Unforgiving winter weather that has scourged much of the U.S. in the past two weeks has been particularly hard on the state of Kentucky, where ice storms, snow, high winds and flooding have left thousands of residents without electricity and more than 70,000 on a boil-water advisory.
Faith-based and other disaster response organizations have been working to clean up the damage and help the afflicted. The Salvation Army dispatched a dozen mobile kitchens, and the Southern Baptist Disaster Relief has more than a hundred volunteers working in chain-saw crews and mobile kitchens across the state.
Ice storms in Lewis and Anderson counties knocked down trees and utility poles, according to Harold Moore of Southern Baptist Disaster Relief. Moore and about two dozen other volunteers were preparing more than 2,000 meals a day at the Lewis County High School in Vanceburg, and the Red Cross and Kentucky National Guard helped distribute the meals to families stranded in remote rural areas.
Fleming-Mason Energy reported that 1,900 customers in Lewis County were still without power on Tuesday morning.
High winds and flooding created problems in Breathitt County. The small tornado was particularly devastating for the few families it affected, according to Randy Foster, who worked with the Southern Baptist crews there.
Foster said the tornado struck "the poorest of the poor," and that only one of the affected families had insurance.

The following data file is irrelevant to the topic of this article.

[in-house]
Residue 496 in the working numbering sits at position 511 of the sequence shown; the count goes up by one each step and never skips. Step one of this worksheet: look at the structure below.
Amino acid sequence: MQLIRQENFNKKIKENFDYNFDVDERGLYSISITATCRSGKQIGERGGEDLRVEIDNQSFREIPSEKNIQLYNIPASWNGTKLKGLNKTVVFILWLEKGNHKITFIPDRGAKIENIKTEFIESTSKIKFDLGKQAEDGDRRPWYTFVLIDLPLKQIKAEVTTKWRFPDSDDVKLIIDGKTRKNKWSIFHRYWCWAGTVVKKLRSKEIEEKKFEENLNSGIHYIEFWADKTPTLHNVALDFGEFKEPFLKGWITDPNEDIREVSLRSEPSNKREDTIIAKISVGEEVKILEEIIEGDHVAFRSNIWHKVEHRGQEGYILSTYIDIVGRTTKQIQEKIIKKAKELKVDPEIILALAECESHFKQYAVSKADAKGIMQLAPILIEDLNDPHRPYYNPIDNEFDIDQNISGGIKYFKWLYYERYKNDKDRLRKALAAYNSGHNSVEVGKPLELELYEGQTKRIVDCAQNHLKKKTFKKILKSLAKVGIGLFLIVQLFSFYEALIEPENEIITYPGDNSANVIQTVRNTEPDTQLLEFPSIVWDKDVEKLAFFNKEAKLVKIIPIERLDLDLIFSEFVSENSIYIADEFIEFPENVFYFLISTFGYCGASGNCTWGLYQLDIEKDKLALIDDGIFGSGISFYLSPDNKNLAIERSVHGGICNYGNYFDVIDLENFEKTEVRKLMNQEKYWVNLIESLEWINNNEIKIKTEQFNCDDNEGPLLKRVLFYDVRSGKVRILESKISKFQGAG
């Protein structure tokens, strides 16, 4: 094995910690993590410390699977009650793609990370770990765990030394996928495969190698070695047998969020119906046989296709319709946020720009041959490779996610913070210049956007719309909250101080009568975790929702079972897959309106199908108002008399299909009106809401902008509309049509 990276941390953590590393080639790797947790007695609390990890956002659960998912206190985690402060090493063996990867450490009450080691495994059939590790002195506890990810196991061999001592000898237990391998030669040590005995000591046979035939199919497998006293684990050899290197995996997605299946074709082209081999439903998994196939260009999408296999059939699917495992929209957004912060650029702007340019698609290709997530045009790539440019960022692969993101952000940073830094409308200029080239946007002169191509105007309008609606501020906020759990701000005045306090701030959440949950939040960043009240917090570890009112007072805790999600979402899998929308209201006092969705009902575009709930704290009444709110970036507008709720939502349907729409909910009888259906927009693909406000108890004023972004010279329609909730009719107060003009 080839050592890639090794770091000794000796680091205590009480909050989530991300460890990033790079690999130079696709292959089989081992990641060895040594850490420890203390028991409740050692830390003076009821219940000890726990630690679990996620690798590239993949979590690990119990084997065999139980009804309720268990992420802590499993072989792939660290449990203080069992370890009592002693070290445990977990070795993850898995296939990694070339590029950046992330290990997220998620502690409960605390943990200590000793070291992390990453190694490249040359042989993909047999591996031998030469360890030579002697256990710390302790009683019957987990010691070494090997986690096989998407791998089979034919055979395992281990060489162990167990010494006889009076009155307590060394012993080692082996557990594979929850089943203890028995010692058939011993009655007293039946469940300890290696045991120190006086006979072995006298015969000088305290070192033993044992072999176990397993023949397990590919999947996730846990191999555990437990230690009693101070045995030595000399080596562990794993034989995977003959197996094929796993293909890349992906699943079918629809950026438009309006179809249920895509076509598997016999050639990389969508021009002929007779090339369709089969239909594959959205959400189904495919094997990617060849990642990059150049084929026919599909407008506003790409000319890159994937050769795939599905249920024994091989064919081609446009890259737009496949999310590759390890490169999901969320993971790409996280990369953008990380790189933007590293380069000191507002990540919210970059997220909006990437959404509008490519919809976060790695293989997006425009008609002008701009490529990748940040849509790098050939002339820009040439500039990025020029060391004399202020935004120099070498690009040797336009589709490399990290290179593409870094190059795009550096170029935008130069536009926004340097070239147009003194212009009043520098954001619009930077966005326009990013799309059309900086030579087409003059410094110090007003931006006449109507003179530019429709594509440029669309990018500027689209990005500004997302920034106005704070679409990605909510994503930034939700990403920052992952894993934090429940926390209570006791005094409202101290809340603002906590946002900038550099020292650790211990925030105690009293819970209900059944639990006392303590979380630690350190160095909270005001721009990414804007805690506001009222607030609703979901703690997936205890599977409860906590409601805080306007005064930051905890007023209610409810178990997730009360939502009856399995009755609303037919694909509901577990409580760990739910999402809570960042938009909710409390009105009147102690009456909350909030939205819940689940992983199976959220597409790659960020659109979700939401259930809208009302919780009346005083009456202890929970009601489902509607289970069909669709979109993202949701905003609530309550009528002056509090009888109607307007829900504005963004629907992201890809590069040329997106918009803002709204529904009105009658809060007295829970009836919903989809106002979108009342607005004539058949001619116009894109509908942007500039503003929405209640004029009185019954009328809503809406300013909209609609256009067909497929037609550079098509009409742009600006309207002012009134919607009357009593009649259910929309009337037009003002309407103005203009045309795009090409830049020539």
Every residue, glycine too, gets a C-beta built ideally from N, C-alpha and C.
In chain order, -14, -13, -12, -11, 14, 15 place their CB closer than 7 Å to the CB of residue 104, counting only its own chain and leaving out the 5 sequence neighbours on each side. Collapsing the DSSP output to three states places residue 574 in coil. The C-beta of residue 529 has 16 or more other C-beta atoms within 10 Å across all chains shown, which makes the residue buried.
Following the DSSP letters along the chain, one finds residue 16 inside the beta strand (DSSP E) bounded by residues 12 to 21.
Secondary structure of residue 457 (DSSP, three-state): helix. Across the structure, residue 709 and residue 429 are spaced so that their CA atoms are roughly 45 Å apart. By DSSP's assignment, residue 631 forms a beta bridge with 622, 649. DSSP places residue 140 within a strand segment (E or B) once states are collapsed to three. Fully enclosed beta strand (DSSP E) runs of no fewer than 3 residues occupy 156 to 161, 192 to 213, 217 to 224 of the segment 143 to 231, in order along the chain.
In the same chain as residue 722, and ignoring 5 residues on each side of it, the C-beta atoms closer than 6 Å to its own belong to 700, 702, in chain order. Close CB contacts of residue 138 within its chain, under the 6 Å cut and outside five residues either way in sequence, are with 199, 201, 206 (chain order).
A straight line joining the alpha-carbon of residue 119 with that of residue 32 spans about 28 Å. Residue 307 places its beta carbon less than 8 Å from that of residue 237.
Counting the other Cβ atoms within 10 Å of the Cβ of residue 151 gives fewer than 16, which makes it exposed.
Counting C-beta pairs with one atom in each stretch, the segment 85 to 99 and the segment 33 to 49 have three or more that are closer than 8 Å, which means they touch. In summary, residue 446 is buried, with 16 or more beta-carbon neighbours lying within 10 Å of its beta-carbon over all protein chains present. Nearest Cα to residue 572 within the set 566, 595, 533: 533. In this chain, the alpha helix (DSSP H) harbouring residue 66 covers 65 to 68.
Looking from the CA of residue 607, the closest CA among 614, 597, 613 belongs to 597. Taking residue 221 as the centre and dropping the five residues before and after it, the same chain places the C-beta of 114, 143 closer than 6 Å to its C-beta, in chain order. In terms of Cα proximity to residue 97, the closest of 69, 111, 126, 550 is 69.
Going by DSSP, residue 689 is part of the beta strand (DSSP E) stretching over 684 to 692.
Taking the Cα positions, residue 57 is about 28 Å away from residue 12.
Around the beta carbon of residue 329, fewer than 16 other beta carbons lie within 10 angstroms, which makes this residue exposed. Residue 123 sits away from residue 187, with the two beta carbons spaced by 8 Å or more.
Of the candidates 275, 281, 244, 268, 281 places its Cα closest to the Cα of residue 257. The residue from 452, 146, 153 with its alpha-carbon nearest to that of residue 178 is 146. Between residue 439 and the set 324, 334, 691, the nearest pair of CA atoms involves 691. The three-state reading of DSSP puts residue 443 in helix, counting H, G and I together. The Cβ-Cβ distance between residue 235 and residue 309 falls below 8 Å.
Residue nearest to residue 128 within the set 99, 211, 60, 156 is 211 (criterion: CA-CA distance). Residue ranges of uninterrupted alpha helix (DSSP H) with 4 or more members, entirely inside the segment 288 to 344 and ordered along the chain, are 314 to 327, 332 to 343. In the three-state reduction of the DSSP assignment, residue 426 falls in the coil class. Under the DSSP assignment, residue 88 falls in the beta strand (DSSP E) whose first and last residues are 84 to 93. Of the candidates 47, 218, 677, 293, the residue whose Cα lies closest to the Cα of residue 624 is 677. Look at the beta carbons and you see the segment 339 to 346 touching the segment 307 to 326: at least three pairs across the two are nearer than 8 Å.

"It was a very limited area that (the tornado) hit, but it absolutely devastated everything in its path," he said.
In addition to the tornado, flooding of the North Fork River has caused damage in the county.
"We have been hit here in eastern Kentucky so hard by heavy flood situations and severe weather situations," said the Rev. David Turner of the First United Methodist Church in Jackson.
The flooding has caused another big problem, he said -- contaminated drinking water. On Wednesday afternoon, more than 70,000 homes in the state were still being advised to boil their water before drinking it.
"There's drinking water available in the stores," Turner said, "but it's being used faster than normal. But we're not out of water, because we can boil water."
Flooding in Jackson, however, could have been far worse, according to Roger Friley, chief of the Jackson Fire Department. This week's precipitation was far heavier than in 1984, Friley said, which was the last major flood Breathitt County experienced.
In 1984, the river rose 13 feet above the flood stage when 4.5 inches of rain. This time around, the river rose eight and half feet above the flood level, but precipitation was only a quarter inch more than in 1984.
The reason for the reduced flooding, Friley said, was because of an aggressive mitigation strategy -- which entailed cutting off an elbow curve in the North Fork River in 1998. This short-cut in the river "relieves backing up of water in the city of Jackson," he said.
Turner said that the severe weather has had some unexpected benefits. "Every time you have a tragedy, it just pulls the community together," he said. "So there been something positive that's come out of it."
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